Boris Becker would not rule out working with the Lawn Tennis Association to improve the state of British tennis.
The LTA were reported to be in talks with the three-time Wimbledon champion last month over a coaching role.
And although that was categorically denied at the time, Becker - who has a house in London - would not dismiss the idea out of hand.
"The story came about because I am at Wimbledon a lot and I practice at Roehampton sometimes with the British juniors, but I have not sat down and discussed it with Roger Draper (LTA chief executive)," the 42-year-old German told Press Association Sport.
"If they approached me I would discuss it with them. Tennis is my life and I always want to stay involved in it. You can never say never."
Becker's pedigree on the court is beyond question, with the former world number one considered one of the best players of all time.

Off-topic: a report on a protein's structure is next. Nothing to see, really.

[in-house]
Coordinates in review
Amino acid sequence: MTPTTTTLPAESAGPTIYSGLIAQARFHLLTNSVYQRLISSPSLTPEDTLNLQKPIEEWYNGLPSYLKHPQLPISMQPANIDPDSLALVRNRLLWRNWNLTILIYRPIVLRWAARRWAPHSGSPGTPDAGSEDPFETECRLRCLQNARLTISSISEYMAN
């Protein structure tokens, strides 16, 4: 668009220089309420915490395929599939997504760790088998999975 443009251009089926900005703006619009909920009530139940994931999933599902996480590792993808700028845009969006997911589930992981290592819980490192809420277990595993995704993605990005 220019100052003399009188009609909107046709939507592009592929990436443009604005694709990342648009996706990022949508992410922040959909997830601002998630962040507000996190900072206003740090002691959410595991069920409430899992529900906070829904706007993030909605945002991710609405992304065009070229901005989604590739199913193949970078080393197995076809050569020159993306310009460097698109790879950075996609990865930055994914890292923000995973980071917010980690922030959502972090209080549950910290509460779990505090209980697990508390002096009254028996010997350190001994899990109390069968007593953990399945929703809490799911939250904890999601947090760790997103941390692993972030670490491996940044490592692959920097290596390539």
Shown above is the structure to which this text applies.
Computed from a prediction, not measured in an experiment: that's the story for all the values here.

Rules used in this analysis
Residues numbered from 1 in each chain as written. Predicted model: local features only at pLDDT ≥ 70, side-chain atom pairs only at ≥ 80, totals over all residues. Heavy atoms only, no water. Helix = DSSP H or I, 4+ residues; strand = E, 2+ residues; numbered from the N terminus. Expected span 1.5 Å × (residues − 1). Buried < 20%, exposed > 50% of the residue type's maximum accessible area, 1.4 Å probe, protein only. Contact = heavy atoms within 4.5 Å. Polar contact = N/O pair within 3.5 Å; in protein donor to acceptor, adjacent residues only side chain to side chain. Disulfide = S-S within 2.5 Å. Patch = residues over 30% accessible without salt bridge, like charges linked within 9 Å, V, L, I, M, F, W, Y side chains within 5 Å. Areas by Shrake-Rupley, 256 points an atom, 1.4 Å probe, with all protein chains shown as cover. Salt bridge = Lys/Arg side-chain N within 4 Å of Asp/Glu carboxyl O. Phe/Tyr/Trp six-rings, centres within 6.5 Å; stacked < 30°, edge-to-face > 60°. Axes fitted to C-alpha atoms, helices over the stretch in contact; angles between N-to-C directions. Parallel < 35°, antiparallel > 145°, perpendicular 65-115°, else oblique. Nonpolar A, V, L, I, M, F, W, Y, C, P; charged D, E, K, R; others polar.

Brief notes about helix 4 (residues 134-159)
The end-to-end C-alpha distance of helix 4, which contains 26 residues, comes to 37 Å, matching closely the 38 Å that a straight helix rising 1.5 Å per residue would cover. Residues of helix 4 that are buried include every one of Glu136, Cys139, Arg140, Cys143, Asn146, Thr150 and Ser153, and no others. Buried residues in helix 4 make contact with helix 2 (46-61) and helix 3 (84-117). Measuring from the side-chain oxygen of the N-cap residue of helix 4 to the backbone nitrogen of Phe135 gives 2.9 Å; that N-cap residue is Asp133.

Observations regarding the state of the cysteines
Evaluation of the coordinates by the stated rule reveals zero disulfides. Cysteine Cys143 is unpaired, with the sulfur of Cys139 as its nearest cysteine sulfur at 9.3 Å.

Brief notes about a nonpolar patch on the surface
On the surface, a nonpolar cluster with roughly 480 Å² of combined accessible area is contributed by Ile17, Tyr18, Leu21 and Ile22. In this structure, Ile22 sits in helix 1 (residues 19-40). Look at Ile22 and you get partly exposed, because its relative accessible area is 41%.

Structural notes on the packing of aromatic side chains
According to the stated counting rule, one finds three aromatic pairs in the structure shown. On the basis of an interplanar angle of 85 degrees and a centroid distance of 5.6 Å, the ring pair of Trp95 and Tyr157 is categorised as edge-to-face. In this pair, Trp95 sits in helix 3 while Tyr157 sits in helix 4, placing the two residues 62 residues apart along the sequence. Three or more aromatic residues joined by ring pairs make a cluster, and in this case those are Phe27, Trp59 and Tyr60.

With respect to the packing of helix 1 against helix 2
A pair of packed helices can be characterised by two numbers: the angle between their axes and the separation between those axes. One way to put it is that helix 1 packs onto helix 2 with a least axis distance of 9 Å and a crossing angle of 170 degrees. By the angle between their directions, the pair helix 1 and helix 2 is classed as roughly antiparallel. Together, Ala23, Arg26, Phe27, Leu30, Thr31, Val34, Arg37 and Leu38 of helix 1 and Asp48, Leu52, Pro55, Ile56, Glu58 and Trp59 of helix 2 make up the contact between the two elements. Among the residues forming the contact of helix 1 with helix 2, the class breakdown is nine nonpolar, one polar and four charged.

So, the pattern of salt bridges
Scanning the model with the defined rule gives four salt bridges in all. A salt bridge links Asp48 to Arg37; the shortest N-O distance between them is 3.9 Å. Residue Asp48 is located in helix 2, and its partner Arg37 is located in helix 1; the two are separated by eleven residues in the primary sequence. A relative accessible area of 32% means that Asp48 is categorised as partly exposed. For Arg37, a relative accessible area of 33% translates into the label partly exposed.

However, his coaching experience is limited and the LTA have recently hinted they are keen to move away from the high-profile imports that have defined Draper's four-year tenure.
Former head coach Paul Annacone - who is now coaching Roger Federer - Brad Gilbert and Peter Lundgren have all been involved in trying to improve men's tennis in Britain during that period.
But, world number four Andy Murray aside, the situation remains worse than ever, with British number two James Ward down at 220th in the rankings and Alex Bogdanovic (293) the only other player inside the top 300.